Next, take the first contact letter and the printout of the bad reviews and bundle them up in a standard envelope with two, six sided dice. Why? Simply because lumpy mail works. I didn't come up with it, but I've used it before and I know it kills. It also gives your prospect a token that differentiates you from the dozens of other letters they'll likely read that day. Fold your dice into the letter so they can be seen as soon as the envelope is opened. The dice also make the letters to big for automated processing, and they now need to be mailed as a parcel. Even though they'll cost you $1.77 each like this IT'S WORTH IT. They now get a huge barcode label and are very, very unlikely to be thrown out as marketing mail since very few letters arrive with parcel stickers. Hand address your envelopes and use a personal return address, not your business.

Here's an example:

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That should be enough to get you started. If there's any interest I'll write up another installment on preparing your ORM proposal, pricing, contracts, and CLOSING etc. Good luck. :D

 

lykathe

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You rule man. This thread and your support in mine is appreciated infinitely.
 

kboxer7

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Thanks given. Nice approach. I would most def like to see some more regarding the actual proposals and pricing. Much appreciated.
 

dgfalk

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Pretty interesting idea here. So how/what exactly do you do for the customer? Do you remove the negative comments, do you add a bunch of fake comments?
 

Randy569

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You definitely have my attention, as ORM is something I've been thinking about trying.

Keep the installments coming.

:You_Rock_
 

awtprod

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This stuff is absolutely golden! Thanks for taking the time to write this. Please write follow ups when you get a chance. One question though, how do you improve the business' image? Do you rank a site for that keyword to bury the bad reviews?

Edit: dgfalk beat me to it. You can ignore my post.
 

7878

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Fulfillment is easier than you think. The prospects I'm targeting have a problem with negative user-generated-content, I steer clear of the prospects that are plastered all over consumer advocacy sites like ripoffreport. Your prospects know as well as you do that the pissed off customers are the ones that will shout it from the rooftops while their happy customers go about their businesses without bothering to sing their praises online.

Your job is to get the happy customers to speak up and drown out the haters, so to speak. Often it's as simple as implementing a process for soliciting and publishing positive feedback. I have NEVER had to resort to fake reviews...not yet anyway. This whole process is 100% above board.
 

gaatr

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Nice post 78 - I actually started my company 18 months ago for this exact reason - and now you have given me new incentive and plenty of reasons to think outside the box - fantastic. Thanks given 7878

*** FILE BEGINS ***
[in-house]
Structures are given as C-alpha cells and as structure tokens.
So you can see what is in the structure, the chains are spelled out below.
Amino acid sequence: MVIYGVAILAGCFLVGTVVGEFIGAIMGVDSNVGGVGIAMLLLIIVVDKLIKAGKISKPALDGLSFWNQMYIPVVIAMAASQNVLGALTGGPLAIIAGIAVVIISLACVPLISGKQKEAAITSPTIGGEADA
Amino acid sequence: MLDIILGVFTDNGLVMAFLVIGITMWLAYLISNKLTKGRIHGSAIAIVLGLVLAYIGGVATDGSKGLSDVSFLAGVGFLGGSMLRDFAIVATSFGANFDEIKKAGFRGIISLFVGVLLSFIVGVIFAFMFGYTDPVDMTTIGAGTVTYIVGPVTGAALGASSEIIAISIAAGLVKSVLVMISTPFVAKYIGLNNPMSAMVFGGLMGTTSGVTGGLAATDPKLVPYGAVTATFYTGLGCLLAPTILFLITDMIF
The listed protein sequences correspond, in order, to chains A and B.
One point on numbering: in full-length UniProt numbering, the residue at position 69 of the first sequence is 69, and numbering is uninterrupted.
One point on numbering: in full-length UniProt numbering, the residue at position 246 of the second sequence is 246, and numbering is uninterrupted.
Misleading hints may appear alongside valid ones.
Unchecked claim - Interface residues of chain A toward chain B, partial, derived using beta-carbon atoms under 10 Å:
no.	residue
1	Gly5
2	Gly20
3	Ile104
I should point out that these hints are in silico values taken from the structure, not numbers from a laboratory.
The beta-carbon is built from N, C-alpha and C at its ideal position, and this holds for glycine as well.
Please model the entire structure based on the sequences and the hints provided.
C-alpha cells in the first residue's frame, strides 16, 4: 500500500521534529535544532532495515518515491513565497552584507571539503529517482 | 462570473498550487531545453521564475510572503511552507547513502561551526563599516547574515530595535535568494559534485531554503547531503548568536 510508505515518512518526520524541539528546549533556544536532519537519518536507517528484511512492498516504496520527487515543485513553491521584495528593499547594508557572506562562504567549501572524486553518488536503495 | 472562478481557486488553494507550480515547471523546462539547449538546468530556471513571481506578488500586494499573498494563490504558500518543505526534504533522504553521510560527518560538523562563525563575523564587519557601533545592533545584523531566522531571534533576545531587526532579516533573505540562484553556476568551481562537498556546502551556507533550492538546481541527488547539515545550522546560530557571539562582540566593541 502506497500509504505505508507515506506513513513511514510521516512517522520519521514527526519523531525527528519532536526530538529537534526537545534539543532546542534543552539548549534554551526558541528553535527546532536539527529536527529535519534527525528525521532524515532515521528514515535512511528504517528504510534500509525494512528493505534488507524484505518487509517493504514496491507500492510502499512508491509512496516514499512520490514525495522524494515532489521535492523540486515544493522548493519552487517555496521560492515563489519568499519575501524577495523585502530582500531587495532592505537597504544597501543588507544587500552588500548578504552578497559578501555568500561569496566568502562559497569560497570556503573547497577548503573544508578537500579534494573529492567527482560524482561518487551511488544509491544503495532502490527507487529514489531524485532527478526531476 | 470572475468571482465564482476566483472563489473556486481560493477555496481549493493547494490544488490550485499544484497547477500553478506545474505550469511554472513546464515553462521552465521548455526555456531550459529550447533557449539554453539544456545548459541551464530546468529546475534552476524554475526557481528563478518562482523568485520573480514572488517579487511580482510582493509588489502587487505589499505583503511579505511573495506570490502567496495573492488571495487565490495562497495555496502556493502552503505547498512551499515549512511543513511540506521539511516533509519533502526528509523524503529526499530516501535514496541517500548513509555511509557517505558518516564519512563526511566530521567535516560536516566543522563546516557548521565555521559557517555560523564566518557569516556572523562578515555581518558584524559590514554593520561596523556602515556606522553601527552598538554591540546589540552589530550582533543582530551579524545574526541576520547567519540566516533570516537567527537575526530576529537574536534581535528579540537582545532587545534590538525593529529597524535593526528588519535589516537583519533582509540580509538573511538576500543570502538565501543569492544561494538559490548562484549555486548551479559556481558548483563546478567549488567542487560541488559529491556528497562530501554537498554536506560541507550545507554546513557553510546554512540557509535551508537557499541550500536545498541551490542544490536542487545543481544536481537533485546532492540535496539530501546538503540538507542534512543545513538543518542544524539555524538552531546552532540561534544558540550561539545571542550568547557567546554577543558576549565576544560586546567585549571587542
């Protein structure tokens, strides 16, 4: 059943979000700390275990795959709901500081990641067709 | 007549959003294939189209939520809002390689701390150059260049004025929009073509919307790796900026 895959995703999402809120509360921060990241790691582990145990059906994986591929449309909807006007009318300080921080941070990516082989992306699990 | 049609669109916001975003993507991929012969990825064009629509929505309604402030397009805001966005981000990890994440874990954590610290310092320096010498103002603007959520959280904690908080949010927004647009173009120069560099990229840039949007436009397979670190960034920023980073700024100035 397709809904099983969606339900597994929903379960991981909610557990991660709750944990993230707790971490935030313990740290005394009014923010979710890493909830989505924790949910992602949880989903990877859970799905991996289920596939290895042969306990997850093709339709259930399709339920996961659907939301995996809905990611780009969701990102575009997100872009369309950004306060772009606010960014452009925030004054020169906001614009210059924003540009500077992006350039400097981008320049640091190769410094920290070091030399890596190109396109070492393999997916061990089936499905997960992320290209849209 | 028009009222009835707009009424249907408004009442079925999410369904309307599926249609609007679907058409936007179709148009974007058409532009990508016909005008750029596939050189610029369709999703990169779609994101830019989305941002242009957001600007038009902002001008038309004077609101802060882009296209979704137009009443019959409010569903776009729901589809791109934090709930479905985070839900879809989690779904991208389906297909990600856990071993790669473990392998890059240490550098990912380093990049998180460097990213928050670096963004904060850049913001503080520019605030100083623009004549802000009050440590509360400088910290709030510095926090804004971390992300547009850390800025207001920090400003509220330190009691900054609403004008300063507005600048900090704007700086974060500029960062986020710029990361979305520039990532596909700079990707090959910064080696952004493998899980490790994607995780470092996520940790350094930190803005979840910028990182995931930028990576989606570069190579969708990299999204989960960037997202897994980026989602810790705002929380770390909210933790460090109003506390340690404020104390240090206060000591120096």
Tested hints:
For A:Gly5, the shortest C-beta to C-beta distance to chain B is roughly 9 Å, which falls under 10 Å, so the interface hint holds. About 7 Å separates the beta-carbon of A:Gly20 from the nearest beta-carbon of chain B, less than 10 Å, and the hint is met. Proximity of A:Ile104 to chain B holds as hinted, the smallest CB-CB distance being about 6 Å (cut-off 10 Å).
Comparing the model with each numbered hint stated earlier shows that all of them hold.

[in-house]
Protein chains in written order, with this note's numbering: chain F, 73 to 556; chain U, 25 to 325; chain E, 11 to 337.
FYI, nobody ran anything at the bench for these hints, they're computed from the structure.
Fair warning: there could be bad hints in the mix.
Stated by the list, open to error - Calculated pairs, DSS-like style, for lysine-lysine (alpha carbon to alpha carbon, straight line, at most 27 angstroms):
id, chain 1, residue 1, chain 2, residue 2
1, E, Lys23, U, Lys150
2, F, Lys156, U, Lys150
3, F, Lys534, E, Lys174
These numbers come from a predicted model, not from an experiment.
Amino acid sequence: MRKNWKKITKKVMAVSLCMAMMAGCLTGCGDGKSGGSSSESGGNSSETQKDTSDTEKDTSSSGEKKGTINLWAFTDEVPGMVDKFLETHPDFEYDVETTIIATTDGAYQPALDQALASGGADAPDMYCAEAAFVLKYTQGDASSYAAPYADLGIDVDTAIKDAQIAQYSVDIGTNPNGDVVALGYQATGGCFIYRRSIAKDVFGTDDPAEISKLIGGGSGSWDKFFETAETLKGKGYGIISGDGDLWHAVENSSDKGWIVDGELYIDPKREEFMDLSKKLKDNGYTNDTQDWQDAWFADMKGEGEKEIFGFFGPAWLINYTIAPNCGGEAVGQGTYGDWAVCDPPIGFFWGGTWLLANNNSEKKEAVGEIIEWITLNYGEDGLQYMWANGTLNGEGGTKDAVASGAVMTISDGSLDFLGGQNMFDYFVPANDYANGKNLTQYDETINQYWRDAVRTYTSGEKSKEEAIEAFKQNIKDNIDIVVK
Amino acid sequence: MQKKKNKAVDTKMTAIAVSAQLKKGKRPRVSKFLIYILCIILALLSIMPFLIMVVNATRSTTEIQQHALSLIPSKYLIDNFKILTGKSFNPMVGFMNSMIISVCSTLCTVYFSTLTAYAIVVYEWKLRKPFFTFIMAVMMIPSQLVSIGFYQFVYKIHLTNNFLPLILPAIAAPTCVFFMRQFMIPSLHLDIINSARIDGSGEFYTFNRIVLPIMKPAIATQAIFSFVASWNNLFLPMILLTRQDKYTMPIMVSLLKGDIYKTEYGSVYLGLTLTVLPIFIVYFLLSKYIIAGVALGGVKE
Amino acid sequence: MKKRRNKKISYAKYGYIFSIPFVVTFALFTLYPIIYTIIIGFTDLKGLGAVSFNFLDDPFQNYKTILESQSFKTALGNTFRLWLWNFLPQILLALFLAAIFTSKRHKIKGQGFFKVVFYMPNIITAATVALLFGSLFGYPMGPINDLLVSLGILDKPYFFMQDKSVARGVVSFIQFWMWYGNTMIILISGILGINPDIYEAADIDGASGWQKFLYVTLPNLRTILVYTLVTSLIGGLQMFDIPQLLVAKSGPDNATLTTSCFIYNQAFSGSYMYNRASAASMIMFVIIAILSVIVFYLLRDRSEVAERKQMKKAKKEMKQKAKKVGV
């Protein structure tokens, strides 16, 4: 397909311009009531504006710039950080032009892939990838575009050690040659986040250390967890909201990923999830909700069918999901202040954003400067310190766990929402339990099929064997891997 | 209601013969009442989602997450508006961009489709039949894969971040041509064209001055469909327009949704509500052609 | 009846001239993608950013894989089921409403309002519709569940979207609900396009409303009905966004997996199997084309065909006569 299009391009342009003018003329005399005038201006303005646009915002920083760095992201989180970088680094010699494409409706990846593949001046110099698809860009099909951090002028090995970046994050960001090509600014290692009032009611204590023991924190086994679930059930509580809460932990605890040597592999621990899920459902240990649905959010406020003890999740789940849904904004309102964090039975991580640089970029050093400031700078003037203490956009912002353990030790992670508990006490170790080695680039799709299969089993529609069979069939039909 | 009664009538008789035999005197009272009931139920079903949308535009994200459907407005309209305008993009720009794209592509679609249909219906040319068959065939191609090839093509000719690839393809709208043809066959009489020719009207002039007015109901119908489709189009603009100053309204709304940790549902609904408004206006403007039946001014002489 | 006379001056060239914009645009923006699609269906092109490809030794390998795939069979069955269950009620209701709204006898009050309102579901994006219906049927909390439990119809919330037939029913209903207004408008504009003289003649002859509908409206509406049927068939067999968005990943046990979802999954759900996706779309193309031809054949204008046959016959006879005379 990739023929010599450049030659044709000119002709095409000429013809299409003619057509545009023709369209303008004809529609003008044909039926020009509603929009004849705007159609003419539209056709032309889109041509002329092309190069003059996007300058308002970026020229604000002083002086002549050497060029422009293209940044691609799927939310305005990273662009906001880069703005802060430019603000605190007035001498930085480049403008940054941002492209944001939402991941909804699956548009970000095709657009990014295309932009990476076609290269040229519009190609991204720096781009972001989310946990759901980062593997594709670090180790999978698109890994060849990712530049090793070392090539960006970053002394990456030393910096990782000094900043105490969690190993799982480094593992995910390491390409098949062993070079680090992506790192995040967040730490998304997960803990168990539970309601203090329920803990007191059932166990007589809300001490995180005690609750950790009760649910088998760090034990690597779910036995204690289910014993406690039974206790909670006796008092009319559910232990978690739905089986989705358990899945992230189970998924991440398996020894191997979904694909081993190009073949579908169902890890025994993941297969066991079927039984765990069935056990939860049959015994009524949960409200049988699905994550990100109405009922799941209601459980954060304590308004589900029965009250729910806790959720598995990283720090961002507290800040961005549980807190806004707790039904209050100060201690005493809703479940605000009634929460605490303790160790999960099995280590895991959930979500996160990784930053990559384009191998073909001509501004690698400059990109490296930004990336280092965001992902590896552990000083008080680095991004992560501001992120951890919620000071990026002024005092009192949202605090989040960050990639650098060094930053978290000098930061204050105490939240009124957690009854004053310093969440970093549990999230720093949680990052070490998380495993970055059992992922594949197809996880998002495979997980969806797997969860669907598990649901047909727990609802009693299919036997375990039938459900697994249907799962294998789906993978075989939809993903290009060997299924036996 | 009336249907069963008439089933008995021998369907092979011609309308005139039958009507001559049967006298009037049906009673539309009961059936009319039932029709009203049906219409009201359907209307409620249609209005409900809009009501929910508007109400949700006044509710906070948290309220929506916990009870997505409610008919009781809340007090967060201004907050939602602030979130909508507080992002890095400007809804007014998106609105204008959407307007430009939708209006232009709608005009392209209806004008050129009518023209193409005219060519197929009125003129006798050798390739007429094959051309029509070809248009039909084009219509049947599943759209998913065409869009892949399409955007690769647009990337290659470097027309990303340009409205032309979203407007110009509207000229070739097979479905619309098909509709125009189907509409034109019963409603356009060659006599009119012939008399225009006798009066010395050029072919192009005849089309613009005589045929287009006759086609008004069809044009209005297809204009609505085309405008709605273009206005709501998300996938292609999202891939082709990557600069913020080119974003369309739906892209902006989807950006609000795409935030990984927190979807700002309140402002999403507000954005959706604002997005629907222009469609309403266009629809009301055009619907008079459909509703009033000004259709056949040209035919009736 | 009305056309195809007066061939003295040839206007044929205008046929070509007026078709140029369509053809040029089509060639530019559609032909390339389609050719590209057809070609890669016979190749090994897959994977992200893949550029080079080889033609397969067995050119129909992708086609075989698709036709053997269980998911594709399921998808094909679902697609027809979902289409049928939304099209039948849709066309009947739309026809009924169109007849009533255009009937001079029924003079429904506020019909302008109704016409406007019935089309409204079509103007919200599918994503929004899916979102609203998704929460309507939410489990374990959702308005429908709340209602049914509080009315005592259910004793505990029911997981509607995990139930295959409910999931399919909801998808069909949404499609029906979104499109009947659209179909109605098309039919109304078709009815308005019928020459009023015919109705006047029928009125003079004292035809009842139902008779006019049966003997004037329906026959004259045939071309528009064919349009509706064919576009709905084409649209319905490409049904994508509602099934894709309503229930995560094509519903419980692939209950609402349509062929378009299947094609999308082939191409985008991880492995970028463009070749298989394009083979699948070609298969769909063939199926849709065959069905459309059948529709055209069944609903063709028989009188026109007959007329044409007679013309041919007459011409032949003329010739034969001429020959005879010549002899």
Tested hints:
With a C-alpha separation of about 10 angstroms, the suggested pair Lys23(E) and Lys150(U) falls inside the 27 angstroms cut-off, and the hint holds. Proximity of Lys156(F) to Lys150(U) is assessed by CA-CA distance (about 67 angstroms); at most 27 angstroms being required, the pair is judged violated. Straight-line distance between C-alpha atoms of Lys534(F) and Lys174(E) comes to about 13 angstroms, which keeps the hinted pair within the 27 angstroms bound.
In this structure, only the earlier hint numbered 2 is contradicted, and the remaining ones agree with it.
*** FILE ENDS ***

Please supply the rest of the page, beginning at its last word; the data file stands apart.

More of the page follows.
67731

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Would love to see a few tips about how to do some of this ORM with things like google maps and ripoff report!

Thank you for the great post!
 

MrE

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Excellent share, the negative review printout and red marker comments are brilliant. I can see that really grabbing a business owner's attention. +REP for the awesome post.

I'm sure everyone would love to see more regarding the entire process.
 

crosscheck

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Great post 7878! Currently doing up another run of mail outs this week. I have been doing this in batches 10 but think 2o will be fine if my penmenship holds up for that long LOL. You are correct keeping your own personal spin to the letter. I used BassTrackerBoats idea with the thank you card style colored envelopes, it works well! Love the dice idea though think I may give it a shot!
 

rallow

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great post i like it but how exactly do you restore the reputation?
 

freqout

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Wow, this is awesome, amazing you wrote about this today, I was actually thinking about doing reputation management just this week. Your post changed my whole outlook on it as I was going to do mass post cards, but this is SO much better.

How do you do it above board? What is your pricing like and for what services?
 

420lounge

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the company letter it appears your sending out... I believe you are supposed to change the [your name] to your actual name below the signature.

17k off 22 letters? You must have an actual portfolio of previous work done? was this 22 conversions or 22 letters sent total? What was the highest you charged someone
 
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7878

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great post i like it but how exactly do you restore the reputation?

If you guys are looking for a standard-issue type rep management course I shared one here not too long ago:

http://www.blackhatworld.com/blackh...60-get-online-reputation-management-hero.html

I havent actually gone over that course although I hear it's good. Like I mentioned above, I concentrate more on prospects that have problems with user-generated-content. It's simply a matter of implementing processes for soliciting and publishing this feedback from real customers.

Ever get a customer satisfaction survey in the mail? Sure you have.

Ever get an email after a tech-support call asking you to rate their performance? Yup.

Ever been prompted on the telephone to take a short survey after a call? I know you have.

These systems exist everywhere you look. Still, many businesses haven't bridged the gap between these conventional continuity processes and the online world. Don't over complicate things. This is very, very easy to do. :)

the company letter it appears your sending out... I believe you are supposed to change the [your name] to your actual name below the signature.

17k off 22 letters? You must have an actual portfolio of previous work done? was this 22 conversions or 22 letters sent total? What was the highest you charged someone

I put the example together specifically for the purposes of this thread.